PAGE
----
Centennial-millennial scale variations in West Antarctic Ice Sheet discharge and their relationship to climate and ocean changes during the late Holocene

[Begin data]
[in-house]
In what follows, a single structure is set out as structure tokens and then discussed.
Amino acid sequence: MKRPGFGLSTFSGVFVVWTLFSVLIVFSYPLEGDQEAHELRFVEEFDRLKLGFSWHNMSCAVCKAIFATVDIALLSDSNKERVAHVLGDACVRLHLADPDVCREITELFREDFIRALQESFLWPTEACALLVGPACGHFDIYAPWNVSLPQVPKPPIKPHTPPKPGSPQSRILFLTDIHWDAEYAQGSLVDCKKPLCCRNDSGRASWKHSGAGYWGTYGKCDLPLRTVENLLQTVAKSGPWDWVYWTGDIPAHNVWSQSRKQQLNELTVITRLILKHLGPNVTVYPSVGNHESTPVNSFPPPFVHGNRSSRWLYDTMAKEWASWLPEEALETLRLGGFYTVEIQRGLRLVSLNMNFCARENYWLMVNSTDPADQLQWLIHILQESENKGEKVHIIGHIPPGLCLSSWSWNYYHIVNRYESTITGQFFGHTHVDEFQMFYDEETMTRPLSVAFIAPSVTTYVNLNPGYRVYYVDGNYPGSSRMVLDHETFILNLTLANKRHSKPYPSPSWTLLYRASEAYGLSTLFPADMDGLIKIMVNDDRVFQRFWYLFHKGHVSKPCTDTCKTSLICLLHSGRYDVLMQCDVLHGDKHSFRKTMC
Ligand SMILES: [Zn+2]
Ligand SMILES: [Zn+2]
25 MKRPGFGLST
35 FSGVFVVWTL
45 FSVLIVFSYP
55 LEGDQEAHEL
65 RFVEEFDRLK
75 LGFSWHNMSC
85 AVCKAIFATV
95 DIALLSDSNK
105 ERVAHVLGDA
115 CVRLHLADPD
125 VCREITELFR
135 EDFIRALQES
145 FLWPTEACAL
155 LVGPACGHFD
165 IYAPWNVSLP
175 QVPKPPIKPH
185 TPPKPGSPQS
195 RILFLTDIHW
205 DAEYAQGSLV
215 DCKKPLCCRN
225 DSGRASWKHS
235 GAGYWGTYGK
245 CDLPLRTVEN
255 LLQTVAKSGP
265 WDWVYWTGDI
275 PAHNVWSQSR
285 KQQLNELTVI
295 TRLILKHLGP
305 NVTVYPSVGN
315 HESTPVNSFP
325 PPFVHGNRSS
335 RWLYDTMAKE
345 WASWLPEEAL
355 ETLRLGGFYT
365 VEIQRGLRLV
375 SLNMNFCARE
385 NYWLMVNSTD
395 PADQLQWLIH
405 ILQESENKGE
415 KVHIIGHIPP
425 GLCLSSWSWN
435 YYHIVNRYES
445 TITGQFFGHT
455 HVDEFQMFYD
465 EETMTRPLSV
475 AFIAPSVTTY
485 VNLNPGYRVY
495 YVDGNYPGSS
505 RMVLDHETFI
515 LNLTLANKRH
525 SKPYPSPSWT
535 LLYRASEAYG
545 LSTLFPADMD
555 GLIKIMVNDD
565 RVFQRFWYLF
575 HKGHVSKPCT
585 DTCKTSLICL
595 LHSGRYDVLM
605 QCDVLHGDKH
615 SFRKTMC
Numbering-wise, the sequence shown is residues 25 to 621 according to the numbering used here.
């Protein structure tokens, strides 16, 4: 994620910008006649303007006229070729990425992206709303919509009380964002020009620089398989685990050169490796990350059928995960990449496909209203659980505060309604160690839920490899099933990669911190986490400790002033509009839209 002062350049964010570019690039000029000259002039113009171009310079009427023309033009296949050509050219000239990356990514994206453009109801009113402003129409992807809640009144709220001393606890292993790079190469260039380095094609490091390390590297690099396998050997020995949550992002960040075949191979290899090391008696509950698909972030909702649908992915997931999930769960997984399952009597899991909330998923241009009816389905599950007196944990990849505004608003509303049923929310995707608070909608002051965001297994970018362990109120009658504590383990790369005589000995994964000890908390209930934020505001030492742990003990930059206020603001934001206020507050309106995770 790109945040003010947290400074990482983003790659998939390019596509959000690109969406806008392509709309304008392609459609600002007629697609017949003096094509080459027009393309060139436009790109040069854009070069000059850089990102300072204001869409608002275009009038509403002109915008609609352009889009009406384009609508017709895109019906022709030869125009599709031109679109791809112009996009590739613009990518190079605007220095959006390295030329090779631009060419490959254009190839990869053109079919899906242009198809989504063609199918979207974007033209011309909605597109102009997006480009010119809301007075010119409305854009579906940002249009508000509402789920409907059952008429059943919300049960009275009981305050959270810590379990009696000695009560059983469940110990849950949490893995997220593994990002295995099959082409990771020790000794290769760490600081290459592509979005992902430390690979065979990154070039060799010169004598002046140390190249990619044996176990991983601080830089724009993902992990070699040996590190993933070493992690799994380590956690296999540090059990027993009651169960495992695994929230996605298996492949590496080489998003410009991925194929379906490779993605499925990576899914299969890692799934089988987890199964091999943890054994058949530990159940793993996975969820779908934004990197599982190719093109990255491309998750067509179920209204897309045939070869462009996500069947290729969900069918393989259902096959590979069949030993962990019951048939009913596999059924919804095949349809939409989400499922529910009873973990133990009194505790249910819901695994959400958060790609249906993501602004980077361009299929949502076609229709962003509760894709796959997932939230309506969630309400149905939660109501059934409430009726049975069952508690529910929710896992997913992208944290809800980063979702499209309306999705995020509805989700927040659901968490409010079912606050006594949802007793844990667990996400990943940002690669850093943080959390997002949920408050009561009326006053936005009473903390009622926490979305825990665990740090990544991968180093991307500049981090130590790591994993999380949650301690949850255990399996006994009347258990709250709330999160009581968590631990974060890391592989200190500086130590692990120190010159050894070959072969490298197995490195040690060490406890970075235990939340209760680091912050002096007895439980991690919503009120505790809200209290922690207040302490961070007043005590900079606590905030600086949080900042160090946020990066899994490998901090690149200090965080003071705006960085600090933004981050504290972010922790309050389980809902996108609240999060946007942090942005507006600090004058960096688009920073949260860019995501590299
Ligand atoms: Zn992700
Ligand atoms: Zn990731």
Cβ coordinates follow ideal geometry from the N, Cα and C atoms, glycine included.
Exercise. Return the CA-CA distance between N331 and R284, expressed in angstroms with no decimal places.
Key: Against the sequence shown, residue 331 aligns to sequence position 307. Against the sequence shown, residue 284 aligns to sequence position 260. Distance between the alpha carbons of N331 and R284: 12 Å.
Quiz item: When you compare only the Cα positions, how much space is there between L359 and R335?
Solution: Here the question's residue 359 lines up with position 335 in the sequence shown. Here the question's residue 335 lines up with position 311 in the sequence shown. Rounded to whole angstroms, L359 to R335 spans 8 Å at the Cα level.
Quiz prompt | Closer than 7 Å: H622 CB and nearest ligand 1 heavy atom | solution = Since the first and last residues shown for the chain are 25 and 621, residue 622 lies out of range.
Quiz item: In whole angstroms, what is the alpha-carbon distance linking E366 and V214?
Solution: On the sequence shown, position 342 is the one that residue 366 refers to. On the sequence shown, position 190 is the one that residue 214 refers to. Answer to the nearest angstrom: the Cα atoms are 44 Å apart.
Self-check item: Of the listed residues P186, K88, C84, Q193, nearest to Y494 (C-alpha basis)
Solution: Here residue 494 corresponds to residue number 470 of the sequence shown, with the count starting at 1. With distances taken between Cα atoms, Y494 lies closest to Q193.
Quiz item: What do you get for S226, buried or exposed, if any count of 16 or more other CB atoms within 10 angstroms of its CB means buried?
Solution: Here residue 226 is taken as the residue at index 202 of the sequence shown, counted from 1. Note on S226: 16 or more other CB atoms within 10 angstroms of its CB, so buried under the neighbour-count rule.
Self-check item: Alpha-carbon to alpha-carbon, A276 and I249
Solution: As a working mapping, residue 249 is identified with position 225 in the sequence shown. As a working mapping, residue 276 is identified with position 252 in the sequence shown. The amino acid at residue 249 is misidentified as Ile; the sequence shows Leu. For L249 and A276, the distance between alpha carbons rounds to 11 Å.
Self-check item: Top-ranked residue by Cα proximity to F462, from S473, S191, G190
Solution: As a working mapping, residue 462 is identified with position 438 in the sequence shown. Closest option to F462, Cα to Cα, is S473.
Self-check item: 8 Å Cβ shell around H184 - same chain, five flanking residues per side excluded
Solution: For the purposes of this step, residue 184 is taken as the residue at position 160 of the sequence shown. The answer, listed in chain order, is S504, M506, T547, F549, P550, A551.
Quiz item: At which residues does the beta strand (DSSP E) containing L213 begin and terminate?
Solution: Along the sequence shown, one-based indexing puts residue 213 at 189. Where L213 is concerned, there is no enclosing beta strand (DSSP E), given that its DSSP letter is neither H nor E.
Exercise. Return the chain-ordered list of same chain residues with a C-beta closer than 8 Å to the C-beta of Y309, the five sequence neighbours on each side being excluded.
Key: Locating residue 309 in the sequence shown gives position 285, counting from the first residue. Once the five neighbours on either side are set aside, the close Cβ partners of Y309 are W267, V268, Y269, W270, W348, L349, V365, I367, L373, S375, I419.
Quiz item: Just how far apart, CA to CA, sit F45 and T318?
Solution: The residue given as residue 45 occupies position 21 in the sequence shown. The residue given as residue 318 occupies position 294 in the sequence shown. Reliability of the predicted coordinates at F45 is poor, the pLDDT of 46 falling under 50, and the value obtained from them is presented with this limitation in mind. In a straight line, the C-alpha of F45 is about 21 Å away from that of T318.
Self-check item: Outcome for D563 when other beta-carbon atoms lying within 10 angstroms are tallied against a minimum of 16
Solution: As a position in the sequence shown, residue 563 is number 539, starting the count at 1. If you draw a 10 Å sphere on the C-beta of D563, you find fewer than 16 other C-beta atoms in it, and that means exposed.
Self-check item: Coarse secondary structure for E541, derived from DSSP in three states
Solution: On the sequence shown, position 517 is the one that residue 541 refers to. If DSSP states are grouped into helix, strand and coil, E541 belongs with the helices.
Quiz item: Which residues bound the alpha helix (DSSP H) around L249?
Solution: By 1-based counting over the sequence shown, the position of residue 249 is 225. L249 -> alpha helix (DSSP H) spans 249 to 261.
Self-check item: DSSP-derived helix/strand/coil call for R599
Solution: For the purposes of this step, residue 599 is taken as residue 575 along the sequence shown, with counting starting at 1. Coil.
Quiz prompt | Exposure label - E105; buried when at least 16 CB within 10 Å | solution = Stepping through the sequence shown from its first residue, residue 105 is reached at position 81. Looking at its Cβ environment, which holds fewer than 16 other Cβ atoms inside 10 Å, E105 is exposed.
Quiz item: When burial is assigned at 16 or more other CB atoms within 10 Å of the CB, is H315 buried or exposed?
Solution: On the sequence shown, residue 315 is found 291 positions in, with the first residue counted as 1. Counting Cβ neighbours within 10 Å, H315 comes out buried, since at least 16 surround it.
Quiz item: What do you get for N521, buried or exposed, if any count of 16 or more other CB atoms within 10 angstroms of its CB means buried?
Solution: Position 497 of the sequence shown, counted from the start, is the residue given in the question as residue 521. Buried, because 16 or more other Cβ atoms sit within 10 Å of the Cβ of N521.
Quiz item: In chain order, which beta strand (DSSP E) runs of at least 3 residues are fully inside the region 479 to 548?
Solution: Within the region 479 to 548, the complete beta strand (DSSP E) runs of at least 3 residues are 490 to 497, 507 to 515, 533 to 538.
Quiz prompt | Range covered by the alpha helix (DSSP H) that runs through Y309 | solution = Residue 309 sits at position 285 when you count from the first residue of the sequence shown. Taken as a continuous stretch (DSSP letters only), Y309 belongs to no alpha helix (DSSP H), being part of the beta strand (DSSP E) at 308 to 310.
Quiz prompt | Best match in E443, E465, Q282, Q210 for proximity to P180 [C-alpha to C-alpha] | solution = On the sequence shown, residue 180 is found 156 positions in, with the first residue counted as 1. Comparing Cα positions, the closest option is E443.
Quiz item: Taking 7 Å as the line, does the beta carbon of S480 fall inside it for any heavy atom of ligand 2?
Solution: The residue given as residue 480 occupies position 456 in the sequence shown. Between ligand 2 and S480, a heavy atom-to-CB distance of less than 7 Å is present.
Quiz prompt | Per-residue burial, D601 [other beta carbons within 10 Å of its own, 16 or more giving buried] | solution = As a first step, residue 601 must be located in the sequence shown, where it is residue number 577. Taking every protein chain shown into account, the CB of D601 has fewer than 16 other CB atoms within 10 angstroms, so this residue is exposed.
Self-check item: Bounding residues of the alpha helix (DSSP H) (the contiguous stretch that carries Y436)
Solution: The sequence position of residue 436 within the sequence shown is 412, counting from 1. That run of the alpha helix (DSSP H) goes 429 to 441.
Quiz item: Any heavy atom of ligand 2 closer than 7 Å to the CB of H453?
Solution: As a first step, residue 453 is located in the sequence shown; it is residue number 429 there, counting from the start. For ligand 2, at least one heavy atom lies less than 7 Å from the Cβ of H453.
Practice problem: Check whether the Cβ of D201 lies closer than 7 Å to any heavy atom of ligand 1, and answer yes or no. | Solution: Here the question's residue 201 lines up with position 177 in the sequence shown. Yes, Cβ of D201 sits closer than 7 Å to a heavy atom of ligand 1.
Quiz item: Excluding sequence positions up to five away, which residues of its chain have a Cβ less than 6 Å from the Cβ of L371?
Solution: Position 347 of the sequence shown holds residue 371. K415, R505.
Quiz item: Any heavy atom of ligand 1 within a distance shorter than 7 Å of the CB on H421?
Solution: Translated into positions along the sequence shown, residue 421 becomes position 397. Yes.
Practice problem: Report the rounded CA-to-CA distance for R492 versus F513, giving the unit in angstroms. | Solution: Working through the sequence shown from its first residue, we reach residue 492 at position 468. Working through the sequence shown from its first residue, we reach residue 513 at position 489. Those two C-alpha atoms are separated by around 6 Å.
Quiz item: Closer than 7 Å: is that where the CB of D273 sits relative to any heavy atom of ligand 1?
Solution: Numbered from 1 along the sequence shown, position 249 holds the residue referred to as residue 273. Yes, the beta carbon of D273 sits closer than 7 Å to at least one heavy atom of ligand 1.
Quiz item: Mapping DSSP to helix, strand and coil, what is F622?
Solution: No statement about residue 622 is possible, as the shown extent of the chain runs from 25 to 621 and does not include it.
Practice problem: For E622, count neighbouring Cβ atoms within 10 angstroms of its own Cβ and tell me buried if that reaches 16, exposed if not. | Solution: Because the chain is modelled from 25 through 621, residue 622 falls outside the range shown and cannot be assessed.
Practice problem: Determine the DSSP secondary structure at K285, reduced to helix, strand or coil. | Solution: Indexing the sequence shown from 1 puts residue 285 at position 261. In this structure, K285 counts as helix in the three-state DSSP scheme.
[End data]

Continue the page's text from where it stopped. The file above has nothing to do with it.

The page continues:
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The West Antarctic Ice Sheet (WAIS) may be highly sensitive to future warming and to ocean driven changes in subsurface melting. Understanding this sensitivity is critical as WAIS dynamics are a major source of uncertainty in sea level rise and regional climate projections. Although there is increasing evidence that WAIS discharge has varied on centennial to multi-millennial timescales since the last glacial period, little is known about its most recent (late Holocene) behavior. This period is particularly important as a baseline for delineating natural and anthropogenic driving forces and to understand coupling between climate, ocean circulation, and WAIS discharge. Here we present high-resolution records of WAIS discharge together with co-registered signals of surface and deep ocean physical property changes in a multicore taken from the southern flank of the North Scotia Sea Ridge (53° 31.813 S; 44° 42.143 W at 2750m water depth) spanning the past 4200 years. The site is situated just south-east of the polar front beyond the reach of seasonal sea ice, confining any occurrence of ice-rafted debris (IRD) to iceberg sources, mostly originating from WAIS. The IRD record from core GS08-151- 02MC provides centennially resolved record of iceberg supply from which we infer WAIS dynamics and variability. Oxygen and carbon isotopic composition of benthic (U. peregrina) and planktic (N. pachyderma (s)) foraminifera give (regional) information on past polar deep water and surface water temperatures, circulation and nutrients. The local surface water hydrography appears relatively stable over the past 4200 years with the planktic δ^18O signal indicating centennial-millennial scale changes of typically ≤1°C (Δ0.22‰) and notably smaller in amplitude than the regional warming observed over the past century. The lack of correlation between surface water physical properties and IRD in the downcore records, suggests that IRD does not reflect iceberg survival, but rather changes in the supply (WAIS dynamics) or routing. Consistent with this interpretation, IRD covaries with climate on the Antarctic Peninsula (from James Ross Island ice core) over the past 4200 years with cooler conditions and lower amounts of IRD over much of the past two millennia, and both records indicate a recovery with warming and increased IRD prior to industrialization. This relationship is consistent with the hypothesis that climate and specifically ocean temperatures and circulation were important for modulating the WAIS discharge rates over the past few millennia.